0
$\begingroup$

I'm a cybersecurity student and I'm eager to understand the basic processes of an SSH session. I wrote down the stages to the best of my ability but need help understanding what happens right after the TCP handshake and right before the Diffie-Hellman key exchange. Please help:

Session Start/TCP Handshake

1.Client begins a session with Server by initiating a TCP handshake.

Assymetric Encryption for TCP Session

2.Server and Client negotiate back-and-forth and agree upon a mutually supported encryption protocol for the TCP session.

At this point, post-protocol-negotiation, it is unclear to me how their session is initially being encrypted. I used Wireshark to try and capture the Client or Server sending over their public key or something but could only see the protocol version exchange. Regardless, please explain this stage if you can.

Client and Server negotiate a shared secret key for this session using the Diffie-Hellman algorithm in order to establish a symmetric-key encrypted session.

3.Client and Server begin process of producing temporary key pairs, using 1. Shared prime number 2. Encryption generator (typically AES) 3. Private prime number (as private key).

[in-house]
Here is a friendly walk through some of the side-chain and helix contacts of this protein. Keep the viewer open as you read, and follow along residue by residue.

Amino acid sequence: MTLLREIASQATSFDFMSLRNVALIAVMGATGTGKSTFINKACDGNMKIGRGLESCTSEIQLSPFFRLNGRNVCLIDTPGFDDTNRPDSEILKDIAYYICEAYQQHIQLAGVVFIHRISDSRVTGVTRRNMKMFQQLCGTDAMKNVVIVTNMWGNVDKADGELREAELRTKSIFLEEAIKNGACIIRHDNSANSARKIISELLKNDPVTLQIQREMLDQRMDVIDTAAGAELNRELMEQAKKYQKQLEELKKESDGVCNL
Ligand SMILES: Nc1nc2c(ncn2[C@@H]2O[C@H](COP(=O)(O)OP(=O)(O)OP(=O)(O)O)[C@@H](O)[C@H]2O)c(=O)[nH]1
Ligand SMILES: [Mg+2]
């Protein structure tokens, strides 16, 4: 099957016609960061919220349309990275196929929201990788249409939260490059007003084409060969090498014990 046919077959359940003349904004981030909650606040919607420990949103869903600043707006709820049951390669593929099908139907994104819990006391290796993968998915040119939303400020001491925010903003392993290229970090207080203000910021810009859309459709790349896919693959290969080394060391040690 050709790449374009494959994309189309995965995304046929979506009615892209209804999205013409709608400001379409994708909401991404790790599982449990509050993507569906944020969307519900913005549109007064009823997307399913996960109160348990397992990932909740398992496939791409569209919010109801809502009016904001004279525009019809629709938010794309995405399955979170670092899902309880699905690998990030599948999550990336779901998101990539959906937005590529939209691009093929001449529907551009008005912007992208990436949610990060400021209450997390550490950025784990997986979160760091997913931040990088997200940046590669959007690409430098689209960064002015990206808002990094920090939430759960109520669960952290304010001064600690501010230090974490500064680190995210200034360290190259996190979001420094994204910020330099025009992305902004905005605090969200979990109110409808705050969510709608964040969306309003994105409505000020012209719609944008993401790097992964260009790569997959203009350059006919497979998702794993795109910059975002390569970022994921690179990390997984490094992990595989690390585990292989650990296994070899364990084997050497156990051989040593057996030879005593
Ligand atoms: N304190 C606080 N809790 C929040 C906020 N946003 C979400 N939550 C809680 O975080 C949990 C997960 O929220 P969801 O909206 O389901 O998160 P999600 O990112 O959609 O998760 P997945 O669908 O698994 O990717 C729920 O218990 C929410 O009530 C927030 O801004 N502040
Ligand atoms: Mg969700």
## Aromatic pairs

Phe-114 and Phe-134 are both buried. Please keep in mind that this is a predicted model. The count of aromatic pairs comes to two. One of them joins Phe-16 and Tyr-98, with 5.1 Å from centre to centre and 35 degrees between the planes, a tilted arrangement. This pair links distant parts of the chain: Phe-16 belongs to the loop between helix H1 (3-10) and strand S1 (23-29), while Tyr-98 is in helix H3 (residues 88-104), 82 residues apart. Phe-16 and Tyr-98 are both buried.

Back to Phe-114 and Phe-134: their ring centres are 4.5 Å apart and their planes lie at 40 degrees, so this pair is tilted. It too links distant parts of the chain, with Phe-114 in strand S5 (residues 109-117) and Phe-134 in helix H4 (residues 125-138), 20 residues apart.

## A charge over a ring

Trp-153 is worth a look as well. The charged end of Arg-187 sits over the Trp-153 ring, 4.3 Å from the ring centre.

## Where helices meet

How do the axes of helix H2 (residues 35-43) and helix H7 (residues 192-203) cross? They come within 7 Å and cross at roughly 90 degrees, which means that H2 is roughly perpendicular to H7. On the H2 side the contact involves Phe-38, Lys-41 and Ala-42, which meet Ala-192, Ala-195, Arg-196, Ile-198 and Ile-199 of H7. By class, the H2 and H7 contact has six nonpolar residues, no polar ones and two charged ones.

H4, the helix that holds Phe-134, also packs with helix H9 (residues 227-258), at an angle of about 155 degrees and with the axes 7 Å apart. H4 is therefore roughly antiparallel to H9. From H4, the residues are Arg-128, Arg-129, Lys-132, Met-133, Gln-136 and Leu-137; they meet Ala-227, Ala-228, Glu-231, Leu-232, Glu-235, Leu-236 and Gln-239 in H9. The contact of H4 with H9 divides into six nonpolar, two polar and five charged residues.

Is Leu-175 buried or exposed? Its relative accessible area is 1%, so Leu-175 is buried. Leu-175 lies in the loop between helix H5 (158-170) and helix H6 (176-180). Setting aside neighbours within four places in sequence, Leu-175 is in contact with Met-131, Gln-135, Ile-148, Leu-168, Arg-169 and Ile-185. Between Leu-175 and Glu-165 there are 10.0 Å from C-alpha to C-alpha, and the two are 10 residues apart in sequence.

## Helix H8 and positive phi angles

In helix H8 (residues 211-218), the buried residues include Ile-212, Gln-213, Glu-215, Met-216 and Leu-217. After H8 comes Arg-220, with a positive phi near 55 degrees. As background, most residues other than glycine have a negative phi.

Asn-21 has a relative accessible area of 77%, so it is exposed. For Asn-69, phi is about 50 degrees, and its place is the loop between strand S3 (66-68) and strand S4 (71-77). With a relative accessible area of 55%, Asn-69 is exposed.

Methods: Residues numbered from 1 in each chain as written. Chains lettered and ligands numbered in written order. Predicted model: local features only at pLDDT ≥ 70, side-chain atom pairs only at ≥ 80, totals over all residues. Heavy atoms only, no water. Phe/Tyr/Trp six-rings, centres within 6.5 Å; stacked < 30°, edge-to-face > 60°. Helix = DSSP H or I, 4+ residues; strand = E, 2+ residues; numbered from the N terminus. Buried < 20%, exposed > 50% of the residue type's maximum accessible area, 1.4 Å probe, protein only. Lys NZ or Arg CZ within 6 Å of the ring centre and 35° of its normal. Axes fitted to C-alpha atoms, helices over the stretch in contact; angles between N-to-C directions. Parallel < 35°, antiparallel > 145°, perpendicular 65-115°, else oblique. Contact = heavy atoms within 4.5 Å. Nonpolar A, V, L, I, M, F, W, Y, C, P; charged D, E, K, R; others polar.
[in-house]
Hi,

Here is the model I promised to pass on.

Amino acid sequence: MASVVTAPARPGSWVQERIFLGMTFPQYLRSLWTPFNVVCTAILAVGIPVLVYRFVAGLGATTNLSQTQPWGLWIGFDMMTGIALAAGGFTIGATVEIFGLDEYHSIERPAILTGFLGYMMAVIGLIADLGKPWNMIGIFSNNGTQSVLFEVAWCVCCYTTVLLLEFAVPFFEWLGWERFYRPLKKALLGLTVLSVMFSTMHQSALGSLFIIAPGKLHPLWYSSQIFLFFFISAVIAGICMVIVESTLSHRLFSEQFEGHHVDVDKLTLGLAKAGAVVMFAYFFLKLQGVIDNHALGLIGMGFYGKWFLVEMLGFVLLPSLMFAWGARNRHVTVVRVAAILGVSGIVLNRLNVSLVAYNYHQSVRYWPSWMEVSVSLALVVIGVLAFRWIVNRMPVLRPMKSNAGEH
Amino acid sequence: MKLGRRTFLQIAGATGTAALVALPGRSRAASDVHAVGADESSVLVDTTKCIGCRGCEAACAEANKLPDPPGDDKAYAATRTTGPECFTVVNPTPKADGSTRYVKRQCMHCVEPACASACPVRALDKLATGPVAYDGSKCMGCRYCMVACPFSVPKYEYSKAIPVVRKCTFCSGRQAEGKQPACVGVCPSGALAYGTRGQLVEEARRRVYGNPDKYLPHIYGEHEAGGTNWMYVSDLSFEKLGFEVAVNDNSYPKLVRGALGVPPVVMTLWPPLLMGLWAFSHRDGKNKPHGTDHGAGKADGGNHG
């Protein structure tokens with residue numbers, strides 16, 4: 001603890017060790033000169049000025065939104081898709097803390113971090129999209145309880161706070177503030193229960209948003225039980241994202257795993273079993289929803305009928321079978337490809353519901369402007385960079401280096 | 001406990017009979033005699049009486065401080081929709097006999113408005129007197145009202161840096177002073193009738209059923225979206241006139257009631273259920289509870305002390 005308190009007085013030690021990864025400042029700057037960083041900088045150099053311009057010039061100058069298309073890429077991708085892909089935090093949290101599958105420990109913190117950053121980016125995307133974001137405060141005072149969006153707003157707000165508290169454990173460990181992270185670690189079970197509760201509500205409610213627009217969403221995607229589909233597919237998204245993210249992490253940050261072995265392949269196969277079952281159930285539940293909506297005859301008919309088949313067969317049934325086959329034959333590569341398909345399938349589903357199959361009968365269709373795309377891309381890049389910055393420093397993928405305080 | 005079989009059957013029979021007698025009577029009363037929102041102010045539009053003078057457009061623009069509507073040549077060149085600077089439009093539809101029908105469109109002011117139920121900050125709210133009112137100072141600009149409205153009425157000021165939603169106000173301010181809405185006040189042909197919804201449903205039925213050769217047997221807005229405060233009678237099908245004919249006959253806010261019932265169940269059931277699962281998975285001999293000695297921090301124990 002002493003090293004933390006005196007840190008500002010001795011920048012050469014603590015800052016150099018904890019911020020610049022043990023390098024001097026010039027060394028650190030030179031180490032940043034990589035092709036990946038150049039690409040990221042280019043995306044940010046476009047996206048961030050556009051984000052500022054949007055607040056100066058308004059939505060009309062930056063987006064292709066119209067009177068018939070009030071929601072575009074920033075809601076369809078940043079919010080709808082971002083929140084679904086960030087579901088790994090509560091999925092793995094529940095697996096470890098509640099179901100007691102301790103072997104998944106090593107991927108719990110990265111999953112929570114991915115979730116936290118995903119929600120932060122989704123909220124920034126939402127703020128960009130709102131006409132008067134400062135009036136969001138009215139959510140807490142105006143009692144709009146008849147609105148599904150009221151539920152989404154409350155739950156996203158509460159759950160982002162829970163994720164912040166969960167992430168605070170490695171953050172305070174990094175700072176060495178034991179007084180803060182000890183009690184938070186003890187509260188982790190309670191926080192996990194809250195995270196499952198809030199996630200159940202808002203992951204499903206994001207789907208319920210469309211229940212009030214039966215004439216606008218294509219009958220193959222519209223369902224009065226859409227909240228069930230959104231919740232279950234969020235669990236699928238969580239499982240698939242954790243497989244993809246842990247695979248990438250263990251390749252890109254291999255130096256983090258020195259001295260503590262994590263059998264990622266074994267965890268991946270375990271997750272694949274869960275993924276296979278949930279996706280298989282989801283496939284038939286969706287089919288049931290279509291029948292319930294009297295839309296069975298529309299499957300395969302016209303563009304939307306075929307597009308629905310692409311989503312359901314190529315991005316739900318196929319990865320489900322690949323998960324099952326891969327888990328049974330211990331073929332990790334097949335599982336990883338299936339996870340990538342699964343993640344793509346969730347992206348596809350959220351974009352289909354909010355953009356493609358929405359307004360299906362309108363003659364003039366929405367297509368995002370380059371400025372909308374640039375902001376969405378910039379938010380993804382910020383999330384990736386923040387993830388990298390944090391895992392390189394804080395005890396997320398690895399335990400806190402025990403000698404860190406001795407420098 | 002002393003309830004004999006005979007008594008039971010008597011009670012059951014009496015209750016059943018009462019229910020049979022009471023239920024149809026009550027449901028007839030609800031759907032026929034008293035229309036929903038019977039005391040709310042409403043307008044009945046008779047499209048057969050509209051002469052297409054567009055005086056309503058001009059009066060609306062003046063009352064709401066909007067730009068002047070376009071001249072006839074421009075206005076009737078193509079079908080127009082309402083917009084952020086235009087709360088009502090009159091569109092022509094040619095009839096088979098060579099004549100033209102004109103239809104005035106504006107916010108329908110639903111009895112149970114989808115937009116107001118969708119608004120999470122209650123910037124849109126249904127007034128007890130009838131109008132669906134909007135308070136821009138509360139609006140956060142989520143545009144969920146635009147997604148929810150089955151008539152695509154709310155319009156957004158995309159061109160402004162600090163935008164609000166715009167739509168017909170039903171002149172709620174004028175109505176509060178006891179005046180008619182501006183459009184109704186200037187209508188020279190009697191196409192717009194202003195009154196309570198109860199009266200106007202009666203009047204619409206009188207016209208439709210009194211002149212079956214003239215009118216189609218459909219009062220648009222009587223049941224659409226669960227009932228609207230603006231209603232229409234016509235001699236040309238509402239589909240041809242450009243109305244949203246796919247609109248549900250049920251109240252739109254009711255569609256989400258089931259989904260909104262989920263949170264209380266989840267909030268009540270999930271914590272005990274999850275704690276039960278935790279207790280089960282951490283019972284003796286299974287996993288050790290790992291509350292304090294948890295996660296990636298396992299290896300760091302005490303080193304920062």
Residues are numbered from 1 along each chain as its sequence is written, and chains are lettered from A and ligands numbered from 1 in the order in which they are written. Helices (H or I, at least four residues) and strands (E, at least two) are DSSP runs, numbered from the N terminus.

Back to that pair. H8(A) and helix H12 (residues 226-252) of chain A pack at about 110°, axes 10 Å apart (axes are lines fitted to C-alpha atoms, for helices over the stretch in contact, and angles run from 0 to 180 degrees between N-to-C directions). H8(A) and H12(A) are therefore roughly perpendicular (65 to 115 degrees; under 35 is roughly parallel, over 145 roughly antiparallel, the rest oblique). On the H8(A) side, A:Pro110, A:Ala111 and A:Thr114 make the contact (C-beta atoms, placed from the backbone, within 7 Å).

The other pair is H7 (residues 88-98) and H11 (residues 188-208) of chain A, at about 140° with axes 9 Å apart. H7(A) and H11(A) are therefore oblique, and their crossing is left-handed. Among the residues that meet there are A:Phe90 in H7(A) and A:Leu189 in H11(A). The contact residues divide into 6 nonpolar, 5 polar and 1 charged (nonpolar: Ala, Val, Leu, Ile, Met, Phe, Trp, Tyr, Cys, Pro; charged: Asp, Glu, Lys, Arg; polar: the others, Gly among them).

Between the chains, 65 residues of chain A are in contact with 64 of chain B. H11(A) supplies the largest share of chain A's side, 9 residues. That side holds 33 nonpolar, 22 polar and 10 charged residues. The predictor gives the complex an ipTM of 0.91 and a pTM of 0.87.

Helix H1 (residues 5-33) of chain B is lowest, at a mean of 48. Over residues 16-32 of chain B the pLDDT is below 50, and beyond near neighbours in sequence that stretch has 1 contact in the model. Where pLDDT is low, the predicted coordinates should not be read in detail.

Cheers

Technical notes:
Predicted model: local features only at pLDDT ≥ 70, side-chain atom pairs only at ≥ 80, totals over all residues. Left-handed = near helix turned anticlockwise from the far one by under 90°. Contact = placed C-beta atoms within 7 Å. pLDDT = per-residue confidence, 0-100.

4.Client and Server use these three to each generate their own public key that can be derived from their own private key.

5.Client and Server each share their generated public key with each other.

6.Client and Server each use their own private key, the other's public key and their original shared prime number to generate the same secret key.

7.Client and Server use this key as their shared secret key to encrypt and decrypt all future communication on this session.

At this stage, Client and Server have successfully established a symmetric-key-encrypted session without having needed to send the secret key over the network.

If I got anything else wrong I'd really appreciate any clarification. Thanks!

$\endgroup$

Your Answer

By clicking “Post Your Answer”, you agree to our terms of service, privacy policy and cookie policy

Browse other questions tagged or ask your own question.